Last Call: Wednesday, October 17, 2007
Arts Humping

The last time I went to a house party, I stumbled and busted my lip on an above-ground pool and ate an entire jar of peanut butter (but not at the same time), all before the evening degenerated into wildin’-style fisticuffs. Ahhh, high school.
Obviously, the crowd I was running with back then bears scant resemblance to the crowd I’d like to think I run with now, normal people and, more often, normal people with artistic inclinations and a devotion to Fort Worth’s burgeoning arts scene.
For the past three months, a group of local artistes and scenesters has been throwing parties at various folks’ houses. The clear goal is to create a cross-pollination among artists, arts groups large and small, arts patrons, media types, fans, whoever. The results have been manifold, according to Cathy Hernandez, Rose Marine Theater executive director and the head of the braintrust behind Arts Hump.
“A lot of groups have found new resources and new funding,” she said. “A lot of small groups have been having trouble getting to the media, but the media are coming — there’s free food and drinks,” she added, coyly suggesting that if free food and booze were not offered at gallery openings and arts mixers, media types would not attend (and probably would not eat the rest of the week).
Free food and booze: Now let that marinate. Wow. But before any interested scenesters don lampshades and drinking hardhats, understand that partying is merely a happy byproduct of what is mostly a professional networking endeavor.
“We’ve seen a lot of small arts groups here facing the same problems,” she said. “We just wanted to get them all in one place and have fun.”
In Hernandez’ view, Arts Hump achieves — and possibly even surpasses — the benefits of attending staid workshops or participating in seminars. Plus, in my opinion, a little booze and a little loosening of the neckties have been known to set mouths a-flap. Sometimes even pocketbooks, too.
The first event was held at the house of the Guitar Guild’s Mitch Weverka, the second at the home of Q Cinema’s Todd Camp (guess my invite got lost in the mail), and the third takes place tonight (Wed) at the abode of Butterfly Connection’s Adam Dietrich.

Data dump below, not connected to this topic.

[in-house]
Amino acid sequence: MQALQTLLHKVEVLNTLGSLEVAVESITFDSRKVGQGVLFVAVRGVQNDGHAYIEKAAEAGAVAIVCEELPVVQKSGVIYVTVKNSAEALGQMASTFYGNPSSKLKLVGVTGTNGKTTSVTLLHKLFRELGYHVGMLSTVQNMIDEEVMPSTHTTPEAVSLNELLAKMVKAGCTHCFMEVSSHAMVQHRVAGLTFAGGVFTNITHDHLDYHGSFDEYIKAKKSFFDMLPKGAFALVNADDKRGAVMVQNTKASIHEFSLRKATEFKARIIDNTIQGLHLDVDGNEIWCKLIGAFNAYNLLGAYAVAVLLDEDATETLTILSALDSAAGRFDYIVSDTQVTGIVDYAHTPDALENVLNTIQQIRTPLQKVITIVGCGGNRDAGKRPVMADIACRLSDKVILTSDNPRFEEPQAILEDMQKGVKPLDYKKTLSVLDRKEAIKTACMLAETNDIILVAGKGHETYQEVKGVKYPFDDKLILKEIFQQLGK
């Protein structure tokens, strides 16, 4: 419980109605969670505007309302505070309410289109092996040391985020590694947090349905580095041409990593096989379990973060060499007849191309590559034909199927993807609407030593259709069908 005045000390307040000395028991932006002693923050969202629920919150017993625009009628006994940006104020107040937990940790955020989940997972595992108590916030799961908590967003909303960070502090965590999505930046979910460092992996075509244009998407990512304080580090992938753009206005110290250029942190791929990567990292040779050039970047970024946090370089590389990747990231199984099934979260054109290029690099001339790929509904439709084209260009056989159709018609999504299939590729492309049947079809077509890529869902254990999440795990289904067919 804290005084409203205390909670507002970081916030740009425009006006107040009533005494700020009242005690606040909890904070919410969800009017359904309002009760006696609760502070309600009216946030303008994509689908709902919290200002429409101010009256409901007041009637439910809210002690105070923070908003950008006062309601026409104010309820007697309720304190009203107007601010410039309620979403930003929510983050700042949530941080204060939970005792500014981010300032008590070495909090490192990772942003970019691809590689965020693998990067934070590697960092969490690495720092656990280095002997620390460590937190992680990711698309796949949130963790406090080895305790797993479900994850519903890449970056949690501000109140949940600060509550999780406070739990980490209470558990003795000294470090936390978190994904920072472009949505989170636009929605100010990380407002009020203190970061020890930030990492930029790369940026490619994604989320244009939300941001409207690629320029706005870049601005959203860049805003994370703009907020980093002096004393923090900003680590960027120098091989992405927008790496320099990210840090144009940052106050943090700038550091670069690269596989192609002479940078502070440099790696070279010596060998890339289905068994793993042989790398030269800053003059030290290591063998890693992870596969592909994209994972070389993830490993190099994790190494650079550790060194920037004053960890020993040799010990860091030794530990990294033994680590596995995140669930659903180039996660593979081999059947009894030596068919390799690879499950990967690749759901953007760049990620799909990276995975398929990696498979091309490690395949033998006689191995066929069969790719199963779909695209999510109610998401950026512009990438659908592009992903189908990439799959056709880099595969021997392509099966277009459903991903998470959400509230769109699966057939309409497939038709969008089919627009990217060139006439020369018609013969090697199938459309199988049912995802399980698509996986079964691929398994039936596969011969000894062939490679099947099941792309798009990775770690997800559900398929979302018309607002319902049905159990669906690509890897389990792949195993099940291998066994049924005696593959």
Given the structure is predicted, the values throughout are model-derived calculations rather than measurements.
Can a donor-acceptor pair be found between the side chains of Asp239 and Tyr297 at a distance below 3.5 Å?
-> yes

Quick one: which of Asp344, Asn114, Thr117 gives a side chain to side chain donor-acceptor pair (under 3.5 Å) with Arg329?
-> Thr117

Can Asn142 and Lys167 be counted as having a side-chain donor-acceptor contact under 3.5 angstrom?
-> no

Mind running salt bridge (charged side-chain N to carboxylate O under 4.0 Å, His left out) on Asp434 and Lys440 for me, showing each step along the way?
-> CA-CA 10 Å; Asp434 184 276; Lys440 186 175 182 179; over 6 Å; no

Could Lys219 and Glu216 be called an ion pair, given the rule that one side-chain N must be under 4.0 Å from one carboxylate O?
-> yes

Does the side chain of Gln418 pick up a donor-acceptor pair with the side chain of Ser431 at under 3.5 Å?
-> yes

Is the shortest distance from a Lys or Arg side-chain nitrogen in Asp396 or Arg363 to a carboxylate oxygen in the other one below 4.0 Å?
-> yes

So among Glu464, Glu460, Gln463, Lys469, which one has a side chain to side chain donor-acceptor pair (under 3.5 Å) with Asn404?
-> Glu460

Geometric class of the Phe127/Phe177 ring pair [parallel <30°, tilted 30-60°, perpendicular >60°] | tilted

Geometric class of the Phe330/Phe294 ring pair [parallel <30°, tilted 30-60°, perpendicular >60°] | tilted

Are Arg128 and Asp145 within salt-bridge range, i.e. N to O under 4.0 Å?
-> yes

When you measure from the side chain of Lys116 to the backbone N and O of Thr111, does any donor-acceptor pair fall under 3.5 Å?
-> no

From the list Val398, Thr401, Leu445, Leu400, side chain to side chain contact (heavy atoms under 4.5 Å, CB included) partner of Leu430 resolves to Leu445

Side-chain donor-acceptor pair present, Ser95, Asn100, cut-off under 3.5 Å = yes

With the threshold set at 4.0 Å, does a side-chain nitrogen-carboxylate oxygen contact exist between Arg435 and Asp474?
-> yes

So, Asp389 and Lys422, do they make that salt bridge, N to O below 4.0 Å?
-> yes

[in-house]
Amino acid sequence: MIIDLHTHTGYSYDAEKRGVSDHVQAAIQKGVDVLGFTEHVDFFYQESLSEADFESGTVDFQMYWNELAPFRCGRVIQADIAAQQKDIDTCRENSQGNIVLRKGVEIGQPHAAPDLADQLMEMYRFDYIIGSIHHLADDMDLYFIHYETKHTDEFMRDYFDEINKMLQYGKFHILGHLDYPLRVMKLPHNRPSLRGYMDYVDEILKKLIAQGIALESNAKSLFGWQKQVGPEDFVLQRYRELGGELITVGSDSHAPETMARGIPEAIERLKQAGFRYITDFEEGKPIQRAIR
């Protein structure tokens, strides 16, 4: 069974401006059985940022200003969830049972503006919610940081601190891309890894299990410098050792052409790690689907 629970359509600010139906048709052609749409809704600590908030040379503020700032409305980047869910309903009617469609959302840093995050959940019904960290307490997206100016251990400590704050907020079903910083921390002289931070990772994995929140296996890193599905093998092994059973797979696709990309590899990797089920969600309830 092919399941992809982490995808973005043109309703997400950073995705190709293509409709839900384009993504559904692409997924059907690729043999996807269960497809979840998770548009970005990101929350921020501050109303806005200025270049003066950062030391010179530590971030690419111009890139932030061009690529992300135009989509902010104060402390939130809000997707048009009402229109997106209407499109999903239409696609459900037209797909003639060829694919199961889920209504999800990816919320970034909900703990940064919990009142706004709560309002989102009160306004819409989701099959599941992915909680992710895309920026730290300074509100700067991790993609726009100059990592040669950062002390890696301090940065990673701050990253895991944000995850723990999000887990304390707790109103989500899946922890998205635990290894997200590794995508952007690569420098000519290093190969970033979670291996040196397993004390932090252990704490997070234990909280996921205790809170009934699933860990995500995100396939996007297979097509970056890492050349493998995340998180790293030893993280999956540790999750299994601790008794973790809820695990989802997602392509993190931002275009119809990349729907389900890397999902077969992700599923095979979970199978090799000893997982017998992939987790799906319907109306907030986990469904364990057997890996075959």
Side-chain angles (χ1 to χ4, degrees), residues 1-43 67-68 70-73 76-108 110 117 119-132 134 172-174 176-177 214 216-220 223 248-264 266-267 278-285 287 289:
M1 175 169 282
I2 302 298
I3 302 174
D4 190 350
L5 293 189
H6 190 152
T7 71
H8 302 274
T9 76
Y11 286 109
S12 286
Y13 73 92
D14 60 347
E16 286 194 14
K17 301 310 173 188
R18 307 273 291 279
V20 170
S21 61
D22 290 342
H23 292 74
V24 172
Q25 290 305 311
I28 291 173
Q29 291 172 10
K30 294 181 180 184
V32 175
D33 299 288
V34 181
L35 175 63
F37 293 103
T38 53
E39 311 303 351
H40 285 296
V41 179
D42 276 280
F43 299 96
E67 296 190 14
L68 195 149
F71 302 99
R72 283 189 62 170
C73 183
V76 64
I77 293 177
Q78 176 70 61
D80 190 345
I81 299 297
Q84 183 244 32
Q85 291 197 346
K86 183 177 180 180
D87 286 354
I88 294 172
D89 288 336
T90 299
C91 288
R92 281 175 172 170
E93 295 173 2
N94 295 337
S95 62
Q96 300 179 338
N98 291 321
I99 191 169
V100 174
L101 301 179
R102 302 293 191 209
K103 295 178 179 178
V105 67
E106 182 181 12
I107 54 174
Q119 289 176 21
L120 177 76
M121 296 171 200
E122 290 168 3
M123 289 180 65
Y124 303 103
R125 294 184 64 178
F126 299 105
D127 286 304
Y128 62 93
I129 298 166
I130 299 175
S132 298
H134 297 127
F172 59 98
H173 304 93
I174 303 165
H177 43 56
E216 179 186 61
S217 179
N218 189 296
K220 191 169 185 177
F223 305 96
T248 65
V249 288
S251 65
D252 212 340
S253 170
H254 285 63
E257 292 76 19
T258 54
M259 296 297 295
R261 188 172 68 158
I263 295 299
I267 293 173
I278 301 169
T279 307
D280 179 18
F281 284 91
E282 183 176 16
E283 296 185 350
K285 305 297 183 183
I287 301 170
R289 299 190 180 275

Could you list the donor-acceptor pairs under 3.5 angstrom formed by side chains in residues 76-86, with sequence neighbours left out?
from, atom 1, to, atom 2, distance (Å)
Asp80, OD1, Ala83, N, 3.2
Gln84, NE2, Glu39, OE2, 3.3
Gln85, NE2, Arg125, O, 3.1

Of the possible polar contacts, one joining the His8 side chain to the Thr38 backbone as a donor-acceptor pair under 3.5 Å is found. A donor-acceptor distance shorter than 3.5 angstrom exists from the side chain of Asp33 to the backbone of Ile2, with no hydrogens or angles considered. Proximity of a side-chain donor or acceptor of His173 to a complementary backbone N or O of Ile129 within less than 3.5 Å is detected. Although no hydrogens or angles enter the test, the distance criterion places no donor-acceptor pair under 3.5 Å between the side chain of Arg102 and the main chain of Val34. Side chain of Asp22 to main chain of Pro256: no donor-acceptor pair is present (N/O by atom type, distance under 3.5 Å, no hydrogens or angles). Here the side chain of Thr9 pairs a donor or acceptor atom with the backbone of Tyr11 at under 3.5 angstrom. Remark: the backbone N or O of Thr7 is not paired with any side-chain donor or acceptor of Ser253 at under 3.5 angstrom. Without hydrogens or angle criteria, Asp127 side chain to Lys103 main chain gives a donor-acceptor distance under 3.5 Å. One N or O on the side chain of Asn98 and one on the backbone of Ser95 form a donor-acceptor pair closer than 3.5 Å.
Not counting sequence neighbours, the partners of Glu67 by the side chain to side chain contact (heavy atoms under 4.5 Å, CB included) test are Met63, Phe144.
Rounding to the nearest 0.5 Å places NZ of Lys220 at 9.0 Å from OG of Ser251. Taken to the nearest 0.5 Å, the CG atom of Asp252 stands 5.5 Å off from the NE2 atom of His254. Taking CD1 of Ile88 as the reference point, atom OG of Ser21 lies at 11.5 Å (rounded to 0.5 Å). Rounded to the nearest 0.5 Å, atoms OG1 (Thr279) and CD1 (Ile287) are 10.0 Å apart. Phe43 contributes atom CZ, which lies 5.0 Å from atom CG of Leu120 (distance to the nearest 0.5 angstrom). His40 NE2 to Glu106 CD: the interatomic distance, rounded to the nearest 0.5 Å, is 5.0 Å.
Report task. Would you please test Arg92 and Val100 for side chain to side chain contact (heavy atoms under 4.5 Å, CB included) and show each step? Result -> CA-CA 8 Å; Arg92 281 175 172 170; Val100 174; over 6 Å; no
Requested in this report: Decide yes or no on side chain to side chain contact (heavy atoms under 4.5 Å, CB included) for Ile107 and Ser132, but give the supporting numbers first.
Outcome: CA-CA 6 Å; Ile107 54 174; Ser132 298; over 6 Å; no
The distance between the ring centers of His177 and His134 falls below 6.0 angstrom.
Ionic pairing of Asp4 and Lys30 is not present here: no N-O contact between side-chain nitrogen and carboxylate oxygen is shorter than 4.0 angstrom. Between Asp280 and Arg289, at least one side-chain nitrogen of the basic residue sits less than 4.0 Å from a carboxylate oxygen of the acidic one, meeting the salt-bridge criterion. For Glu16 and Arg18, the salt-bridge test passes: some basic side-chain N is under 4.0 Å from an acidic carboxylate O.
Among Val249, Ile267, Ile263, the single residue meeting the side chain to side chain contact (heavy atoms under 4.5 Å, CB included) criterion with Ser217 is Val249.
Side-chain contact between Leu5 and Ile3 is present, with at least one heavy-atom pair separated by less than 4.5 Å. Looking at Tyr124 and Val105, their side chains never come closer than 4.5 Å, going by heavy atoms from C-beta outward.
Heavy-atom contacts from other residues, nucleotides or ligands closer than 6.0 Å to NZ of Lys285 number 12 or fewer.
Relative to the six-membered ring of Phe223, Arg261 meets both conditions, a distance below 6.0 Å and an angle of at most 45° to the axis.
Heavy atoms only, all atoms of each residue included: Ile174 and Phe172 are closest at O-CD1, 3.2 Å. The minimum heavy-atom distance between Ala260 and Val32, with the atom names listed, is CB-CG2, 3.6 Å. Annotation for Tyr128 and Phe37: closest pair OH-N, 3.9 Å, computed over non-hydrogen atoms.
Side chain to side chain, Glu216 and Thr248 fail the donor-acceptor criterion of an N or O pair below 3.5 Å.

“The only real requirement is presence,” Dietrich said. “Just be with us and share what happened with you during the week. We all have an interest in seeing the scene develop.”
You might not believe it, but arts people aren’t made of money — while they’ll be offering free libations, do the right thing and BYOB. Fisticuffs and sophomoric tomfoolery are highly discouraged. For more information, e-mail
— Anthony Mariani
MacHenry’s R.I.P.
A favorite acoustic music venue that has been teetering between solvency and going bust finally met eyeball to eyeball with the grim reaper — or, more likely, the grim accountant. MacHenry’s closed its doors last Friday after about five years of offering acoustic roots music seven days a week and showcasing fascinating but obscure acts such as the Asylum Street Spankers, Darden Smith, and Willis Alan Ramsey. Club owner John Walker is a sweet guy and a longtime musician who understood the importance of providing a venue for up-and-coming local musicians. But nice guys don’t always make good businessmen, and Walker seemed to be perpetually struggling financially. Part of the problem was simple bad luck — the bar’s original location atop an Italian restaurant on Camp Bowie Boulevard was charmingly decrepit and a lot of fun but was sold out from under him and demolished. MacHenry’s new digs farther west were sterile and hard to find, and the crowds grew smaller. Taylor moved his club to West Magnolia Avenue a year ago and seemed to have found a perfect home next to Benito’s Mexican restaurant in the Hospital District. The club felt homey and a rebirth seemed imminent. Alas, the combination of higher overhead costs and old debts proved impossible for Walker to surmount, although he predicts the club will reopen soon under new ownership. — Jeff Prince

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